NDA eyes cleanliness for all but lacks grand vision
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During his election campaign, Narendra Modi promised toilets first and temples later, which he has followed up after becoming prime minister, with a project aimed at eliminating the practice of open defecation by 2019.
In his first Independence Day speech, Modi announced that within one year, every school in the country will have a toilet and there will be separate toilets for girl students. He also asked parliamentarians to use members of parliament local area development scheme (MPLADS) funds to build toilets. He also reiterated his commitment to building a Swachch Bharat (clean India) by the 150th birth anniversary of Mahatma Gandhi in 2019.
The new government has announced that rural households without sanitation facilities will get Rs.15,000 each, up from Rs.10,000, for constructing toilets, and schools Rs.54,000, an increase from Rs.35,000. Community sanitary complexes will receive Rs.6 lakh (instead of Rs.2 lakh) and anganwadis (child care centres) will get Rs.20,000 (from Rs.8,000).
Claiming the scheme didn’t work well under the previous United Progressive Alliance (UPA) government, the new regime has decided to delink its toilet construction programme from the rural jobs guarantee scheme.
The Modi government also decided to review the Nirmal Bharat Abhiyan (NBA) scheme, launched by the previous government in 2012, to eradicate open defecation, saying it was a failure.
“The government has placed a welcome emphasis on efficiency with its focus on ensuring that the bureaucracy is revitalized and is responsive. But I think the new government has not tried to examine the effectiveness of the past programmes. Nirmal Bharat Abhiyan is a great example. The problem with this programme has been that what households want does not often meet what is being offered to them,” said Sonalde Desai, senior fellow at the National Council of Applied Economic Research (NCAER), a think tank.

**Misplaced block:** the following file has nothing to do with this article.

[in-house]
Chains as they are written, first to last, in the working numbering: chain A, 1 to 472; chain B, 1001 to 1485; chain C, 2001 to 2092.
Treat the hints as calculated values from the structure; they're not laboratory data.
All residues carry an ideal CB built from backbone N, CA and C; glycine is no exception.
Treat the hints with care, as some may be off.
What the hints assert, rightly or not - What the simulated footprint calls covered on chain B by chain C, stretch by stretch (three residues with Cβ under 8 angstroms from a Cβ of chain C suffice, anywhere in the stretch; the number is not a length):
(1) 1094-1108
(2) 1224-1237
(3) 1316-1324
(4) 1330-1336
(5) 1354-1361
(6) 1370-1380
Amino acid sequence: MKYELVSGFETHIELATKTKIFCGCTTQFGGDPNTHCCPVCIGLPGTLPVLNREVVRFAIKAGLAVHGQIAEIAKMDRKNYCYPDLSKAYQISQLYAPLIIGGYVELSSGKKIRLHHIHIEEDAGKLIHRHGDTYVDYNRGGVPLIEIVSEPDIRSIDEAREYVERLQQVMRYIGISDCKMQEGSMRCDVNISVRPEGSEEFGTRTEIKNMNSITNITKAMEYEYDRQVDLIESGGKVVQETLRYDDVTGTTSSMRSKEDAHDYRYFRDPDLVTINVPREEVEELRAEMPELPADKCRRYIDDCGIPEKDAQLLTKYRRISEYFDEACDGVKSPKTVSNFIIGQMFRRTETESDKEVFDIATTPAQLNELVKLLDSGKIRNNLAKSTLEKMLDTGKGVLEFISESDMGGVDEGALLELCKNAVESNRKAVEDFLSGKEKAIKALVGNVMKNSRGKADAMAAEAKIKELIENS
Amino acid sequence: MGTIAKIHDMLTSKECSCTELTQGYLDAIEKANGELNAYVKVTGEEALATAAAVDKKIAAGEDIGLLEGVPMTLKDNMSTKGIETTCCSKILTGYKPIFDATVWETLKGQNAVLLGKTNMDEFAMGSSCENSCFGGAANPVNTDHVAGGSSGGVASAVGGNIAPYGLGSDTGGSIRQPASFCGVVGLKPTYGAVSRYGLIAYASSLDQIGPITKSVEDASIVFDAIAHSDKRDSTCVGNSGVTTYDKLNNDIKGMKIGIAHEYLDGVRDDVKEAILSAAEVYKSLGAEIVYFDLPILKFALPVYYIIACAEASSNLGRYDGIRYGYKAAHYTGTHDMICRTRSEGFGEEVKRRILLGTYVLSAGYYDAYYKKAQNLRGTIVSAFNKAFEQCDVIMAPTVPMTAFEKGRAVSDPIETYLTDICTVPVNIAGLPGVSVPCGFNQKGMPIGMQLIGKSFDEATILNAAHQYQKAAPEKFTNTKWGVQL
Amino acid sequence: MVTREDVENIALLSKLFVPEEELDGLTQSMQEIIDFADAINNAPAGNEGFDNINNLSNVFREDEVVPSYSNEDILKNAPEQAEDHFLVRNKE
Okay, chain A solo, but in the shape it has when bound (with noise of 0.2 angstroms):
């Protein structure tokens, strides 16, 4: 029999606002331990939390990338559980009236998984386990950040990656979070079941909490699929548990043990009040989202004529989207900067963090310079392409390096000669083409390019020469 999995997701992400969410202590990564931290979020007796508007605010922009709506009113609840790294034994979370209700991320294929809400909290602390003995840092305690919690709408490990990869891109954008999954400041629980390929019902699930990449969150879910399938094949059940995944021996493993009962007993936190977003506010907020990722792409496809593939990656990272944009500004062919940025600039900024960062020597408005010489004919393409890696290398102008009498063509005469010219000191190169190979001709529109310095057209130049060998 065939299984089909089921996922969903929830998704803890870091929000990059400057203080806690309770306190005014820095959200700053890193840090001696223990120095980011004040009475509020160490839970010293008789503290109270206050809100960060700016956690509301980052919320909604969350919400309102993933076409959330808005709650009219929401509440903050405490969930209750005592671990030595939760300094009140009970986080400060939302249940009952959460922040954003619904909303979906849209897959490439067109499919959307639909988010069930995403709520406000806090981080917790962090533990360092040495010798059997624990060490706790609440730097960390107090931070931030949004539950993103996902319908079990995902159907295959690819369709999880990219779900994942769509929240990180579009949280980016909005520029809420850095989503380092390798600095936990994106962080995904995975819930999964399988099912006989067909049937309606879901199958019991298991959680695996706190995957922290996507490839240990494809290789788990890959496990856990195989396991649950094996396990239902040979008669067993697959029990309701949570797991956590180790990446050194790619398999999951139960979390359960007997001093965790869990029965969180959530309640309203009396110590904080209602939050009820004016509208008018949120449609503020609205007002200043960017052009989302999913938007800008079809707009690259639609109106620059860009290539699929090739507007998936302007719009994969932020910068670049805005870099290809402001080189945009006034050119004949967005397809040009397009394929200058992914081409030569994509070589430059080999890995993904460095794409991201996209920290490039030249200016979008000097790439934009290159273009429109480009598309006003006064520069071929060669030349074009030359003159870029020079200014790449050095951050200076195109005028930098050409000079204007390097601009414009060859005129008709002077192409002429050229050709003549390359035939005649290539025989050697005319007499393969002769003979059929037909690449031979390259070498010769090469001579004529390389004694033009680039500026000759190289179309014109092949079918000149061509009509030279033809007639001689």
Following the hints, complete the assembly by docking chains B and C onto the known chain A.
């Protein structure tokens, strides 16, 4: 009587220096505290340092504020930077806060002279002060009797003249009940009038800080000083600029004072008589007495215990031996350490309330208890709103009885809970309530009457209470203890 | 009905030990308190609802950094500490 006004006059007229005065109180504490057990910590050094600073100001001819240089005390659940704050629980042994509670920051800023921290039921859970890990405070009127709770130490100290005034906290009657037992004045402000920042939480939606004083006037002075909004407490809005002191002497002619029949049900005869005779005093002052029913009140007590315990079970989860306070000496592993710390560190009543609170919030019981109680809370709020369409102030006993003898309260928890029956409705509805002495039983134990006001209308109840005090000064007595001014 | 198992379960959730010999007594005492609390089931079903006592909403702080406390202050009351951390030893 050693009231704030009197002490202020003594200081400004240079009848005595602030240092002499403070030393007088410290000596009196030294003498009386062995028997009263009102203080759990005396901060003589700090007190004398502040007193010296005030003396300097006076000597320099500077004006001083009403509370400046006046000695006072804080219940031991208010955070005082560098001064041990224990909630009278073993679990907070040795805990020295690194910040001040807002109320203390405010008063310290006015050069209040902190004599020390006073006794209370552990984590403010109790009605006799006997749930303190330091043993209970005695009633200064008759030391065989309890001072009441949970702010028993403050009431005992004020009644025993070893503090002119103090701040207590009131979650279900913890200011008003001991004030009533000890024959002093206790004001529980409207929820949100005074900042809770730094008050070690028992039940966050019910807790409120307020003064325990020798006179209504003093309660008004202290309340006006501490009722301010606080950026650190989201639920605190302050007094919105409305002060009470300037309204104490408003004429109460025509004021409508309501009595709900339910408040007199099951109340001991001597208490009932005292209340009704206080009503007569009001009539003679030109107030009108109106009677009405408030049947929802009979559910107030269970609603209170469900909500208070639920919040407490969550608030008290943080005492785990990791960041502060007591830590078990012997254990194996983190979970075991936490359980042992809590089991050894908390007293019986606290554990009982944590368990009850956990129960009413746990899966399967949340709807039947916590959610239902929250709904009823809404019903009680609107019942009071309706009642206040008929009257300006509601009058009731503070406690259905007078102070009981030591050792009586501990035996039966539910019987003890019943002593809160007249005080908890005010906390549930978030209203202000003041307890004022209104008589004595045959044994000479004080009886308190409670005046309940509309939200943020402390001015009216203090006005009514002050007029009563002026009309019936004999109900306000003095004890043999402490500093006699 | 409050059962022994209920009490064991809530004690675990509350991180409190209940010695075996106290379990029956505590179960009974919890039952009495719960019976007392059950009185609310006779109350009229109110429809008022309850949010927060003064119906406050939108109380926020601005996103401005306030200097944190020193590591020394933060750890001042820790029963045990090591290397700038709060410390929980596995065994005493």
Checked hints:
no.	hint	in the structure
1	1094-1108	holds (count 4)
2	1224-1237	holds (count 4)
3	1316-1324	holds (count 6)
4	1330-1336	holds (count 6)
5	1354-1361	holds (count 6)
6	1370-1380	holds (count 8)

“Qualitative interviews by a fellow from NCAER about why households don’t build toilets show that people are concerned about hygiene and smell. Typical NBA toilets are single tank with a seepage pit. But for seepage pit to be safe, it must be built on permeable soil, away from groundwater supply, which is often not the case. If we are going to invest in toilets, we should invest in the right kind of toilets,” Desai added.
More than six decades after independence, and after spending nearly $4 billion on the total sanitation campaign between 1999 and 2010, more than 600 million Indians do not have access to a toilet either at home or in their communities, Census 2011 found.
Experts say even though they don’t see much difference on the ground after the new government has taken over, what is welcome is how the message of Clean India has reached even the grassroots now.
The prime minister has been consistently pressing the need for a cleaner India and has urged the corporate sector to help the country in achieving the goal. His speeches have mobilized several corporate houses, including Tata Consultancy Services Ltd, Hindustan Unilever Ltd and Bharti Foundation.